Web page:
"Often times, our communication and sensory difficulties can make it hard for us to go to the doctor's office so getting treatment for disabilities can be a challenge for those on the spectrum," he added. "Unfortunately, many of us don't get the treatment we need because the medical system is designed for neurotypicals."

What causes there to be a physical disability component to autism? To learn more, I spoke with Dr. Stéphane Baudouin of Cardiff University's School of Biosciences. Baudouin has been involved in scientific research that has established a link between a genetic mutation and developmental movement impairments in autism, in the hope that unlocking the genetic mechanisms that cause motor issues in autism can eventually help provide treatment.

"People are very surprised by the fact that autism is associated with motor symptoms," Baudouin told Salon. "It's largely known in the literature ... in our papers, I think it's 70% of people with autism have motor symptoms. And so the thing that I've learned by doing it is, or the thing we decided to do, is to focus on those symptoms that are equally important for people with autism. To try to provide some biological rationale for them, and also possibilities for treatment. So that's pretty much the idea."

Baudouin also discussed what he had learned by studying autism in mice.

"We looked at a mouse model for autism, which is basically a model where we deleted a gene, a known risk factor for autism, which is called CYFIP1," he explained. "And what we discovered in this animal is that they have defect in social behavior, but also in motor behavior. And so we were interested to know if this defect in motor behavior was accompanied by defect in formation of synapses in an area of the brain which is involved in a control of motor behavior, which is called the motor cortex. And we looked in there, and we indeed found that there was a decreased number of synapses or connections between neurons. What we were surprised to see is that in this brain region, there is ... the mutant mice remained able to form new synapses following training, despite their inability to learn."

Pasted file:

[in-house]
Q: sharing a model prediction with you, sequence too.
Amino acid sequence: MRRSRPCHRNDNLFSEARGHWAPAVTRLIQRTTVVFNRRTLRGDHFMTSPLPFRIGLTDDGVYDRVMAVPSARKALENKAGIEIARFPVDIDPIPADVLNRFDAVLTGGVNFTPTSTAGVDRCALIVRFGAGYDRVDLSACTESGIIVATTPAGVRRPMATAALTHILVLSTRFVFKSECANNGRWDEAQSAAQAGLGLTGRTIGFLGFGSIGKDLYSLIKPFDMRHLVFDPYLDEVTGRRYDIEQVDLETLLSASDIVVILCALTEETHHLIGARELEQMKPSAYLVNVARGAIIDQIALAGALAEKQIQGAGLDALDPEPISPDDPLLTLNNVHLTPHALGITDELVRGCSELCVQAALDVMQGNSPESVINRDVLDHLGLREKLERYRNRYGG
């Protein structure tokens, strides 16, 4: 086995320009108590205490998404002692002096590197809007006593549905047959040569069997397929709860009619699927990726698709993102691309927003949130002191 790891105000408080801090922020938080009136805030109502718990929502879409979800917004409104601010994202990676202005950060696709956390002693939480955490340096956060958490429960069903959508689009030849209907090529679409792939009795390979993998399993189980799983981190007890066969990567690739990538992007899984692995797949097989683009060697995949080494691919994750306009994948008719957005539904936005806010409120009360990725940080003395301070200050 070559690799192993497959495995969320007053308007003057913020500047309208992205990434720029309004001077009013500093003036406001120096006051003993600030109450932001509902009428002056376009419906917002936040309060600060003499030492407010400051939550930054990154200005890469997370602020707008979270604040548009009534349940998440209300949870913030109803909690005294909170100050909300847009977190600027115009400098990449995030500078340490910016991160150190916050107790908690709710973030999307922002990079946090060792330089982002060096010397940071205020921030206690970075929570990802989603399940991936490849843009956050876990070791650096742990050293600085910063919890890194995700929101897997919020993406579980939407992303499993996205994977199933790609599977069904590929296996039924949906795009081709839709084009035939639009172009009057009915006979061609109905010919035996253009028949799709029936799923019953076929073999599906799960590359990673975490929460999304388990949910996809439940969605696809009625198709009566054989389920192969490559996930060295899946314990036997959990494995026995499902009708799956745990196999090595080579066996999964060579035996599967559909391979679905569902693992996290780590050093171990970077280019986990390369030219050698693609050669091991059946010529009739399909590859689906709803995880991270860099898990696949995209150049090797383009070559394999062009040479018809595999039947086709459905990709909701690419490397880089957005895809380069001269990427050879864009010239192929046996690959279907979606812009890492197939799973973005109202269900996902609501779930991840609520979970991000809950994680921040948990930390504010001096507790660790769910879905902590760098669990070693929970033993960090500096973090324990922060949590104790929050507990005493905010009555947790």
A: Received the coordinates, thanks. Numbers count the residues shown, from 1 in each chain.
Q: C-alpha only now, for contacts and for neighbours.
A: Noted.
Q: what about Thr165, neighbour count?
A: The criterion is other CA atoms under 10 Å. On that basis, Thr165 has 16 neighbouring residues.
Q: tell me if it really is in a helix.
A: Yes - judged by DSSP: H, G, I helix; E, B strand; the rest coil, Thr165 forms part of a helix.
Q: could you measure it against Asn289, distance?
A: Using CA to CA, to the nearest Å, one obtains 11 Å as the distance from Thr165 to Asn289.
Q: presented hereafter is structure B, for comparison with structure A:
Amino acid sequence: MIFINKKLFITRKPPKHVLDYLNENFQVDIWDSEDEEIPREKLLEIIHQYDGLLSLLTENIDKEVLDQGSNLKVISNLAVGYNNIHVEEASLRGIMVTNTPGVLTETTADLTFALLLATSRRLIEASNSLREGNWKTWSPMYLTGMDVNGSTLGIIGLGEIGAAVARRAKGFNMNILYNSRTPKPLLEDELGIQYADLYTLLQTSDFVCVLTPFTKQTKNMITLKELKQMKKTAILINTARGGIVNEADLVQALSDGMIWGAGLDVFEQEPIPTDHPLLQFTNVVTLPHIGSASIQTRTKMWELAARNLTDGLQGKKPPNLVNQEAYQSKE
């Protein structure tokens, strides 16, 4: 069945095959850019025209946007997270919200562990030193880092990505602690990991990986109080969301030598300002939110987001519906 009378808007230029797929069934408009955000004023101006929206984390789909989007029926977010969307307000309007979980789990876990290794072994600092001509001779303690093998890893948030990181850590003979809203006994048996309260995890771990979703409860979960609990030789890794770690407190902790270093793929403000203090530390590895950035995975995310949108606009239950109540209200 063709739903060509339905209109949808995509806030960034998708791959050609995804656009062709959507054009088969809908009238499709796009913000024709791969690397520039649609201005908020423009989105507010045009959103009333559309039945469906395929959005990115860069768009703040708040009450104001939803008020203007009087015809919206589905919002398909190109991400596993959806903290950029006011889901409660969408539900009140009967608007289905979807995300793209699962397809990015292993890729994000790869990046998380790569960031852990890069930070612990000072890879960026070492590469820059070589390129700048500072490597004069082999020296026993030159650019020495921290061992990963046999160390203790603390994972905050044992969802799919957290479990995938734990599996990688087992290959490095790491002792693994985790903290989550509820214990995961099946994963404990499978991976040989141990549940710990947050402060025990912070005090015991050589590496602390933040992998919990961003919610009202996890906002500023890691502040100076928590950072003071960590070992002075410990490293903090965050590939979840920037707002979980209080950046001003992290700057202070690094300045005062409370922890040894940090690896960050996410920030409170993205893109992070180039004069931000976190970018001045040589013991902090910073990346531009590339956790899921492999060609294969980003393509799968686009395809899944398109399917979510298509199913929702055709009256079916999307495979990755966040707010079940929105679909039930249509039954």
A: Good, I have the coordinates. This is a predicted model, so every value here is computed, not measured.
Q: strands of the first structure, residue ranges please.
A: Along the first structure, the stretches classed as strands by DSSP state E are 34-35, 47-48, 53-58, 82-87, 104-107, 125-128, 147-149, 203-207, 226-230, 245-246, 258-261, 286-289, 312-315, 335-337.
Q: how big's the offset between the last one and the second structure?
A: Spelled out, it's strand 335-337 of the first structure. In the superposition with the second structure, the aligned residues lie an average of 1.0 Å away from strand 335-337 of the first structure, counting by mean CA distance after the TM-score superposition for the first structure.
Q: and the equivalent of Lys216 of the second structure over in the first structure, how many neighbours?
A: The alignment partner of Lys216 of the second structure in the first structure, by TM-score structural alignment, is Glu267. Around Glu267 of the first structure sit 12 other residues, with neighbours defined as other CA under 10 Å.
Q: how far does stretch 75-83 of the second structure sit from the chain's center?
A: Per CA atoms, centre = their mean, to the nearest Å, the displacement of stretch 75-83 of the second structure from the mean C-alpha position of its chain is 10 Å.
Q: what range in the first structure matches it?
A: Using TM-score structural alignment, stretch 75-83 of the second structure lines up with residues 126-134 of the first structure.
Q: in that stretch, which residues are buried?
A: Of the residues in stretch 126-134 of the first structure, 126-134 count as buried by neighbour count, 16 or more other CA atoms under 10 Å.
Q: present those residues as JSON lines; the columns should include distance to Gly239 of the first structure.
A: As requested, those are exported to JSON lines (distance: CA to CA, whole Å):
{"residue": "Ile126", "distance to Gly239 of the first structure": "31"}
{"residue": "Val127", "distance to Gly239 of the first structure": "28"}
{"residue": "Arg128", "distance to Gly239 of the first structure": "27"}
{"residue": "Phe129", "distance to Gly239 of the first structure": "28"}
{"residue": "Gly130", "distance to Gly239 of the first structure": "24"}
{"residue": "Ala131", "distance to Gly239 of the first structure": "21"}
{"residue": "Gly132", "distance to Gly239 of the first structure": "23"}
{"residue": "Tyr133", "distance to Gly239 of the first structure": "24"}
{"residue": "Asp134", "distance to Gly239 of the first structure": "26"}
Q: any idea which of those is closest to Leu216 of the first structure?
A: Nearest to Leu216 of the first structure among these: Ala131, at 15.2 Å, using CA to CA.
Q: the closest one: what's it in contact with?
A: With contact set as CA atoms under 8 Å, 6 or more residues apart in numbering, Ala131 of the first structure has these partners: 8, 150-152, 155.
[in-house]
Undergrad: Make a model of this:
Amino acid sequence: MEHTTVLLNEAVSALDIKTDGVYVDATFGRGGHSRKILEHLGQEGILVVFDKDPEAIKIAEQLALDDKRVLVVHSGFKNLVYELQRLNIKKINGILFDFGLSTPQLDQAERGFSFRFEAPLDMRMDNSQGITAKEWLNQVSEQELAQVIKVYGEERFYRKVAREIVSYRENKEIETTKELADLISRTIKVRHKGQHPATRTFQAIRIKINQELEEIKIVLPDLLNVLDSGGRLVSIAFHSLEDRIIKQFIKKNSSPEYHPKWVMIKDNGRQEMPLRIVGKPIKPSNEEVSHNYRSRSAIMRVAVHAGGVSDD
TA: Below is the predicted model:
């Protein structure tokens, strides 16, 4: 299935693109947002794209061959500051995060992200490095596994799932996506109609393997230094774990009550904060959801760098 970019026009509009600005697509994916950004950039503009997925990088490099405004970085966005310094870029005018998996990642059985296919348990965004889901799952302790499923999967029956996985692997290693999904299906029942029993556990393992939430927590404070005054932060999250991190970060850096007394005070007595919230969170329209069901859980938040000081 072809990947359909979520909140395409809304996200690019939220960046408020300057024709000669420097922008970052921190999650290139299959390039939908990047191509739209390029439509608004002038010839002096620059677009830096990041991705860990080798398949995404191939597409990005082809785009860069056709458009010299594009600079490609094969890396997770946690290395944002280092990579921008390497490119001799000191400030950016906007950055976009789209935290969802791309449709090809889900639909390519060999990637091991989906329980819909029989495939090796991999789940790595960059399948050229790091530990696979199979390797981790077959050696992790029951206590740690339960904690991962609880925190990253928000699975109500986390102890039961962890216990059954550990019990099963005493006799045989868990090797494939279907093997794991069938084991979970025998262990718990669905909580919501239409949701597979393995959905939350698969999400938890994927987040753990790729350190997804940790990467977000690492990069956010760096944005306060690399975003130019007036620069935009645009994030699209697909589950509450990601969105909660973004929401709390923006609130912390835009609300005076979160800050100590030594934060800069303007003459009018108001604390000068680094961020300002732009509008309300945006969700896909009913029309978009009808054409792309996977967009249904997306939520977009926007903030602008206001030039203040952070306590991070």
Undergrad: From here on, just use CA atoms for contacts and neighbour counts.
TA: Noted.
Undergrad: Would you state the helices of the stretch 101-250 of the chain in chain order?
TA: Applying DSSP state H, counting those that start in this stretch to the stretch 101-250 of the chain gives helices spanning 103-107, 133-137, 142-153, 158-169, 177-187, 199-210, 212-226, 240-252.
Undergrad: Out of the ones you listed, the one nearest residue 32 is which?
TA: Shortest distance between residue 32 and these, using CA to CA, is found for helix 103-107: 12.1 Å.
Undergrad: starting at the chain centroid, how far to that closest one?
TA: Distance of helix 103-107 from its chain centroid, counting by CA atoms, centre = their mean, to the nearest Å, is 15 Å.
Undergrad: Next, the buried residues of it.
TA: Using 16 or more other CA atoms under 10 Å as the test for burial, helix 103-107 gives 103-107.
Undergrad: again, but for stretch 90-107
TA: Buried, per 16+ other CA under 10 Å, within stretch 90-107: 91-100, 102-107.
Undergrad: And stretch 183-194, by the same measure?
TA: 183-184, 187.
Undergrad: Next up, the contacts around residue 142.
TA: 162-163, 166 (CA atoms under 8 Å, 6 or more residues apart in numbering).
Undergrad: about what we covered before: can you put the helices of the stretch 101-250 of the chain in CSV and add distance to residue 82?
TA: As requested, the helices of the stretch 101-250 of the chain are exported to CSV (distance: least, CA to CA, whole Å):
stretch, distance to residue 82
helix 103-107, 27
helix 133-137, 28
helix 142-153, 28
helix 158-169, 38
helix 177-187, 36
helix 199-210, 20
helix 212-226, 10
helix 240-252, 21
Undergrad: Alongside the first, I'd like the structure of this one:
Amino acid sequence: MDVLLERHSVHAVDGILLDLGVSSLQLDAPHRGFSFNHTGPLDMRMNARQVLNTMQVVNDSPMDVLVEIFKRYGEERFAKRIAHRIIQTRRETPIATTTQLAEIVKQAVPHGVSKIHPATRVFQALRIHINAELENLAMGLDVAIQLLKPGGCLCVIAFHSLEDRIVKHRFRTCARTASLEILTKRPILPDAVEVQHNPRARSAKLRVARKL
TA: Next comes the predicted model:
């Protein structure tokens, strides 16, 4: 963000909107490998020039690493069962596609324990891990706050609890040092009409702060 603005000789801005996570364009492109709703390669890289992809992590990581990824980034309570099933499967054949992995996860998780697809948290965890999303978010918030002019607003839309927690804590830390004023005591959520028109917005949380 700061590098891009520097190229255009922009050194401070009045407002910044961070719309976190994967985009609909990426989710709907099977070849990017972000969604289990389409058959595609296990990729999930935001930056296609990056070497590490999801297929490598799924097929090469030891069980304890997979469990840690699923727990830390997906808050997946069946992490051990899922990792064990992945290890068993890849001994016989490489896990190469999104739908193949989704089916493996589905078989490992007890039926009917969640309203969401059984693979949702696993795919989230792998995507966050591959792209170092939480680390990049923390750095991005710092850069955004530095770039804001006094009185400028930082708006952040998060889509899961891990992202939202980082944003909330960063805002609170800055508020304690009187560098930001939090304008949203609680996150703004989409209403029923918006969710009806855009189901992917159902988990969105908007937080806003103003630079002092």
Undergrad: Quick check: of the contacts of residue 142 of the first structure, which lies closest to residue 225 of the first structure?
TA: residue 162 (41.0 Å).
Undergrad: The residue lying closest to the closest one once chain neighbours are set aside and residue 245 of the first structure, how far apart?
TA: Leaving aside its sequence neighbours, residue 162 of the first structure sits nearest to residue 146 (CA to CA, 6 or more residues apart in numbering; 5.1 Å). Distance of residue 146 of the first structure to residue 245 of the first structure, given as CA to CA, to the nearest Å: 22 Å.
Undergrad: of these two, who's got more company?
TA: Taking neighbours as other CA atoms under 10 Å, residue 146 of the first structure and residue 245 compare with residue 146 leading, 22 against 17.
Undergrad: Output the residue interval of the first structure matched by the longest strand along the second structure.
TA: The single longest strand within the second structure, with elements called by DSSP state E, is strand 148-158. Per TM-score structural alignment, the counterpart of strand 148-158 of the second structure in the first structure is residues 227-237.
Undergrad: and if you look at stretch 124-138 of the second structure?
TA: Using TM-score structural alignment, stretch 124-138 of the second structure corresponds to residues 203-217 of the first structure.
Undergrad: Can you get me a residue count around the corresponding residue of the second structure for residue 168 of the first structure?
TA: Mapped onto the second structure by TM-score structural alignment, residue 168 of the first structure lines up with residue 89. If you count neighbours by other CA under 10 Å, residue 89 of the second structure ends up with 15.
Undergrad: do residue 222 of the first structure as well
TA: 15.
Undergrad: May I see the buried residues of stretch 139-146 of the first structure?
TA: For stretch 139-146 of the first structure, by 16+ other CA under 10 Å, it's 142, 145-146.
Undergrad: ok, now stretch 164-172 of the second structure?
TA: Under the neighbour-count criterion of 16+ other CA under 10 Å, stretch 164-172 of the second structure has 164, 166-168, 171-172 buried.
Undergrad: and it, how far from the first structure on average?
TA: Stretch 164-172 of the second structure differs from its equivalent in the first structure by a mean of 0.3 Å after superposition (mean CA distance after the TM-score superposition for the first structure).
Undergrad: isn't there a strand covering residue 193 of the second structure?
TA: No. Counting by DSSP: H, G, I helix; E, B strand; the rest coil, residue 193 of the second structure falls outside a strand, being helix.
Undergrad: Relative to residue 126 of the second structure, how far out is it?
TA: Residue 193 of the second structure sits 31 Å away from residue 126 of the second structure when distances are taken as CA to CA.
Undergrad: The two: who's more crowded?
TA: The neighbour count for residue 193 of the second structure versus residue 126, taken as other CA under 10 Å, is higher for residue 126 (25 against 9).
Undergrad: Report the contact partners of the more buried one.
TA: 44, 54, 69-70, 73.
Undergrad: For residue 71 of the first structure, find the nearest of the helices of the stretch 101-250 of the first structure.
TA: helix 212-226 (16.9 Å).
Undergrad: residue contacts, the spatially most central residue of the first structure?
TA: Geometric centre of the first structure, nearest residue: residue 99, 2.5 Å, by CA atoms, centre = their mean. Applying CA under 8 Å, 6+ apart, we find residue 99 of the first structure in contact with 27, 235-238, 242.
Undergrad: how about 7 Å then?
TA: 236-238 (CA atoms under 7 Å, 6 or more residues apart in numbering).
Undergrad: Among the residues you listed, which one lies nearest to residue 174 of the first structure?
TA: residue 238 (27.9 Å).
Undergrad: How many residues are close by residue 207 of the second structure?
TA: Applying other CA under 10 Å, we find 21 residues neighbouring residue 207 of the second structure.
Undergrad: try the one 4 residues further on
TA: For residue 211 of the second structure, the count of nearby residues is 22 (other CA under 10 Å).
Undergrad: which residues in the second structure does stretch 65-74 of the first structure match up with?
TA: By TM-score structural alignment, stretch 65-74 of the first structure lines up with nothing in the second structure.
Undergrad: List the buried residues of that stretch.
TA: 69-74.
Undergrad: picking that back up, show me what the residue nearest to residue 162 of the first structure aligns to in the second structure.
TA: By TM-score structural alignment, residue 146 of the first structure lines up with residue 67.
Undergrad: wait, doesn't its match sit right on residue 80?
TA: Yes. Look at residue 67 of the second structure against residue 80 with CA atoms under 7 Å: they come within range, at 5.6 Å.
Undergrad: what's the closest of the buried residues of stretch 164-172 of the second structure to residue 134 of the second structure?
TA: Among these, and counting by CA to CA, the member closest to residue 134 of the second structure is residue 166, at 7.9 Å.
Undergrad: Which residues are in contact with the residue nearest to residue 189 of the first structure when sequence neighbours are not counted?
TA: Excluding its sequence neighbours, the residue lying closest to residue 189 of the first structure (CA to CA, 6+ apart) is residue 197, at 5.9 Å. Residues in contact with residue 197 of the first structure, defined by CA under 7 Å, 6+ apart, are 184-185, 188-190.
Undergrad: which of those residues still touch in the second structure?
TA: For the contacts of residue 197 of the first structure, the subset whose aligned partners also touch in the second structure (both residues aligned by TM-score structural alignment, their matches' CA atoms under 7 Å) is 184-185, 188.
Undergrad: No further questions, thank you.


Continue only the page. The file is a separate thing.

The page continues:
He added, "So what we're wondering is, if we train them earlier during the developments at the time point where the formation and elimination of synapses is a much faster due to growth and development, we would be able to restore this motor deficit. And so that's what we did, and what we showed is that if you provide the correct behavioral training to the animal, you can restore or actually partially restore the motor phenotype in this individual. And what I think is important in this study is that it's one of the first to show, to demonstrate or to illustrate or to provide a biological rationale for behavior treatment of some symptoms of autism."

Does this mean that someday I'll be able to drive? While Baudouin did not seem to think we were near that point yet, it is reassuring to know that there are scientists out there who are studying how that could be possible. Until then, I'll take comfort in the camaraderie of others with autism who have struggles similar to mine. . . . although, of course, never exactly the same.

By Matthew Rozsa

Matthew Rozsa is a staff writer at Salon. He received a Master's Degree in History from Rutgers-Newark in 2012 and was awarded a science journalism fellowship from the Metcalf Institute in 2022.